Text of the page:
|Fraser River Valley, British Columbia, Canada|
Photo Credit: Scented Leaf Blog
Nephrite jade is found even more abundantly than jadeite jade in regions of China (Turkestan), Australia, the United States, Canada (British Columbia), and more. The nephrite found in British Columbia is most intriguing, and not just because it's close to home. What makes it pertinent to a discussion of jade's rarity is that the primary geological source remains concealed from discovery.
Though much of the nephrite specimens gathered from B.C.'s Fraser River valley are considered low quality, there is a possibility that higher-quality tracts might lie deep beneath the earth's surface or along the hillsides presiding over the river. Deposits of this same type of green nephrite jade can be found as far south as the Cascade Mountain regions of Washington State, though this particular jade is usually called "Canada jade" or "British Columbia jade."
Another source of nephrite jade was found in Alaska in 1885. Many boulders have been collected along the Shungnak River, nestled between Kobuk Valley National Park and Gates of the Arctic National Park and Preserve. Though this region was primarily mined for gold through the 1950s, fine-quality nephrite boulders have been found as well. However, it has been reported that much of the nephrite in the valley is rough, scaly, and opaque, mostly unfit for cutting. This remote and fairly untouched source of nephrite is believed to cover a large area at its source.
Further nephrite-rich deposits were found in Australia in the 1960s and '70s. Considered one of the largest nephrite-producing regions in the world, the Cowell Jade Province boasts over a hundred known jade caches. This area produces three varieties of high-quality nephrite jade: green, black, and premium black. On occasion, slices of rare varieties of nephrite can be found demonstrating dendritic inclusions, which manifest as wavy banding along boulder rinds.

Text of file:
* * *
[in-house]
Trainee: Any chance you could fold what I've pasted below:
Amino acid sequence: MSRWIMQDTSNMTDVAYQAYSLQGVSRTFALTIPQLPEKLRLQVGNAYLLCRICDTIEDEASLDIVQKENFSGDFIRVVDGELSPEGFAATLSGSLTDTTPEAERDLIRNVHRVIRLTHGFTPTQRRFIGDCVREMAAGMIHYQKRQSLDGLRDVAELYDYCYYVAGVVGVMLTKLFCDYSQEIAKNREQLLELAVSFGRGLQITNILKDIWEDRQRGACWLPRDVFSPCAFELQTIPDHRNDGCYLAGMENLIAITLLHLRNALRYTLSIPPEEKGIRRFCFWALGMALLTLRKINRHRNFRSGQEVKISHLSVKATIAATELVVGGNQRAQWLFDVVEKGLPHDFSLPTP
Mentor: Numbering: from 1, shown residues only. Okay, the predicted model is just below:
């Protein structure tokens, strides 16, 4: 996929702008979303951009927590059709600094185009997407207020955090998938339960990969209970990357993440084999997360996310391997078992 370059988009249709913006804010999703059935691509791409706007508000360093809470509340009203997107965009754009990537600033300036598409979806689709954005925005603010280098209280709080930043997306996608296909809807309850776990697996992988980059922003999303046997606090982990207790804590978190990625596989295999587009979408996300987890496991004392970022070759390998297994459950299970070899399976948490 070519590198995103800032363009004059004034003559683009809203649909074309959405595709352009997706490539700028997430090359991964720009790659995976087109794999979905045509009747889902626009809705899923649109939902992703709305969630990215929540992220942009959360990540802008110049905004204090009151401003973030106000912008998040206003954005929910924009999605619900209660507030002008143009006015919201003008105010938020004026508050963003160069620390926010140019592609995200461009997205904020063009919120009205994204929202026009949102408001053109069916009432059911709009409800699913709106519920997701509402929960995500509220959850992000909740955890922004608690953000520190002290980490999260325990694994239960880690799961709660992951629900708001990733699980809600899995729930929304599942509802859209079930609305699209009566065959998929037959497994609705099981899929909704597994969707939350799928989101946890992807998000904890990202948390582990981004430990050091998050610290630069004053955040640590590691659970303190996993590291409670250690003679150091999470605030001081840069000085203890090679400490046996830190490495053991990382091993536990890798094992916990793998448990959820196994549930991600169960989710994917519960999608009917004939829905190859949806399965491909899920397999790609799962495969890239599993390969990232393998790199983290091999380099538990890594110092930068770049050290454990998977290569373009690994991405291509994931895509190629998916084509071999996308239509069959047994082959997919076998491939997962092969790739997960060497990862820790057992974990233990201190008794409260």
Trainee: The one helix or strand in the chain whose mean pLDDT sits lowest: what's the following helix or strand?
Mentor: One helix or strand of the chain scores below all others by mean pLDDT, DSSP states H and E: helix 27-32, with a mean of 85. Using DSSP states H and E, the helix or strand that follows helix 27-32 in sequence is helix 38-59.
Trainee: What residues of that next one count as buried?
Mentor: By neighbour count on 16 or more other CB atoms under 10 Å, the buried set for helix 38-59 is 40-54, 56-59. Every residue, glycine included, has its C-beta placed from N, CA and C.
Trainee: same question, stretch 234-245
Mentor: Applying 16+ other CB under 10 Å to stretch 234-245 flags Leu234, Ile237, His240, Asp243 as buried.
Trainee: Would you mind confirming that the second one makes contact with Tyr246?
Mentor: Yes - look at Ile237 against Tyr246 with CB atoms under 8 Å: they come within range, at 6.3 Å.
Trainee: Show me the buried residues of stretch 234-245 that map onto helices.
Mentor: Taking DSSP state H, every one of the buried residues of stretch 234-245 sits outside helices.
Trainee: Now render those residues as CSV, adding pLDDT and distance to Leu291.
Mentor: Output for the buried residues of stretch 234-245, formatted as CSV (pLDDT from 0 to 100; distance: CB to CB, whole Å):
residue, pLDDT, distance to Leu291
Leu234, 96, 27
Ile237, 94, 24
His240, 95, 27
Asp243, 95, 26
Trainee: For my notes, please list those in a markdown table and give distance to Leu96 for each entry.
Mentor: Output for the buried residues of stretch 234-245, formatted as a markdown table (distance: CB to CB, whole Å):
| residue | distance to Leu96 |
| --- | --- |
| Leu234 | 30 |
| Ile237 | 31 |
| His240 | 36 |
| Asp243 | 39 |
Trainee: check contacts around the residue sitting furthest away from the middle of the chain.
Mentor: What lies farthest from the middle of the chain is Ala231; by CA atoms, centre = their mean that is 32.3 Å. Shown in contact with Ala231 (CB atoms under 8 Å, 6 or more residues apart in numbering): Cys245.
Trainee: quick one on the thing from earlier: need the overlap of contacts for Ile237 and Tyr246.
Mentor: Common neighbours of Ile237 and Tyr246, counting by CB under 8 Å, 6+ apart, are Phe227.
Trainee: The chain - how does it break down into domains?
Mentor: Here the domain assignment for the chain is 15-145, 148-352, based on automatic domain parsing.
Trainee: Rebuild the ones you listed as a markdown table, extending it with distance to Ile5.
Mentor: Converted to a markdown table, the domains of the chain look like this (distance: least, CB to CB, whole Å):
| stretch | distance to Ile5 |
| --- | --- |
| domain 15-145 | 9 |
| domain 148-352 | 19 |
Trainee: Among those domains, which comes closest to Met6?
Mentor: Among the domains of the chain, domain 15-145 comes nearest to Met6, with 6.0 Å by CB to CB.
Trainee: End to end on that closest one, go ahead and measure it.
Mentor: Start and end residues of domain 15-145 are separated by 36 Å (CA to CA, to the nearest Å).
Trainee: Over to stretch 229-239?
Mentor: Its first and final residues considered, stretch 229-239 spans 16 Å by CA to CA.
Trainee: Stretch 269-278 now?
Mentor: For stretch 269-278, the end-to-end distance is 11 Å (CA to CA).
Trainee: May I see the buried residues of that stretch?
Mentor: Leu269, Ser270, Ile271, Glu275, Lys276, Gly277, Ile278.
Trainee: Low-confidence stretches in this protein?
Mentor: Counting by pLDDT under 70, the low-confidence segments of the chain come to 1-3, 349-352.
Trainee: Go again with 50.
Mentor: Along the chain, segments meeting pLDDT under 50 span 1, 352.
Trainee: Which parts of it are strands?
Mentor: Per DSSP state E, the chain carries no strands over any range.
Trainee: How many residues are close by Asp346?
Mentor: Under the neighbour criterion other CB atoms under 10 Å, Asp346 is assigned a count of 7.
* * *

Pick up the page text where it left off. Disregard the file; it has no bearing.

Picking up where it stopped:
As a final example of a nearly untapped source of nephrite jade, the Kunlun Mountain region in Chinese Turkestan is reported to harbor a layer of between 20 and 40 feet of nephrite on the north slopes of the famed mountain. Though most of the jade pulled from this area today is recovered from the Karakash, Yurangkash, and Keriya Rivers, it is reported that the band of nephrite stretches for miles along the mountainside.
With all of these uncultivated and newly discovered sources of jade around the world, it is clear that although it may be true that someday our current sources of high-quality jade may indeed run out, it would be hard to defend a position that jade is actually growing scarce.
Read Part 1.
1. "Jade." Colored Gemstones Guide. Accessed September 14, 2012. http://www.gemstones-guide.com/jade.html.
2. Jie, Ma Wen. "How Jade the Mineral Formed." eHow. Accessed September 12, 2012. http://www.ehow.com/about_6707397_jade-mineral-formed.html.
3. "Nephrite Jade." Dmitre Minerals. Accessed September 12, 2012. http://www.pir.sa.gov.au/minerals/geological_survey_of_sa/commodities/nephrite_jade.
4. Williams, Anita. "Shungnak, River Mine, Inactive." U.S. Geological Survey. Last updated December 16, 1999. http://mrdata.usgs.gov/ardf/show-ardf.php?ardf_num=SH008.
*Clip art courtesy of The Graphics Fairy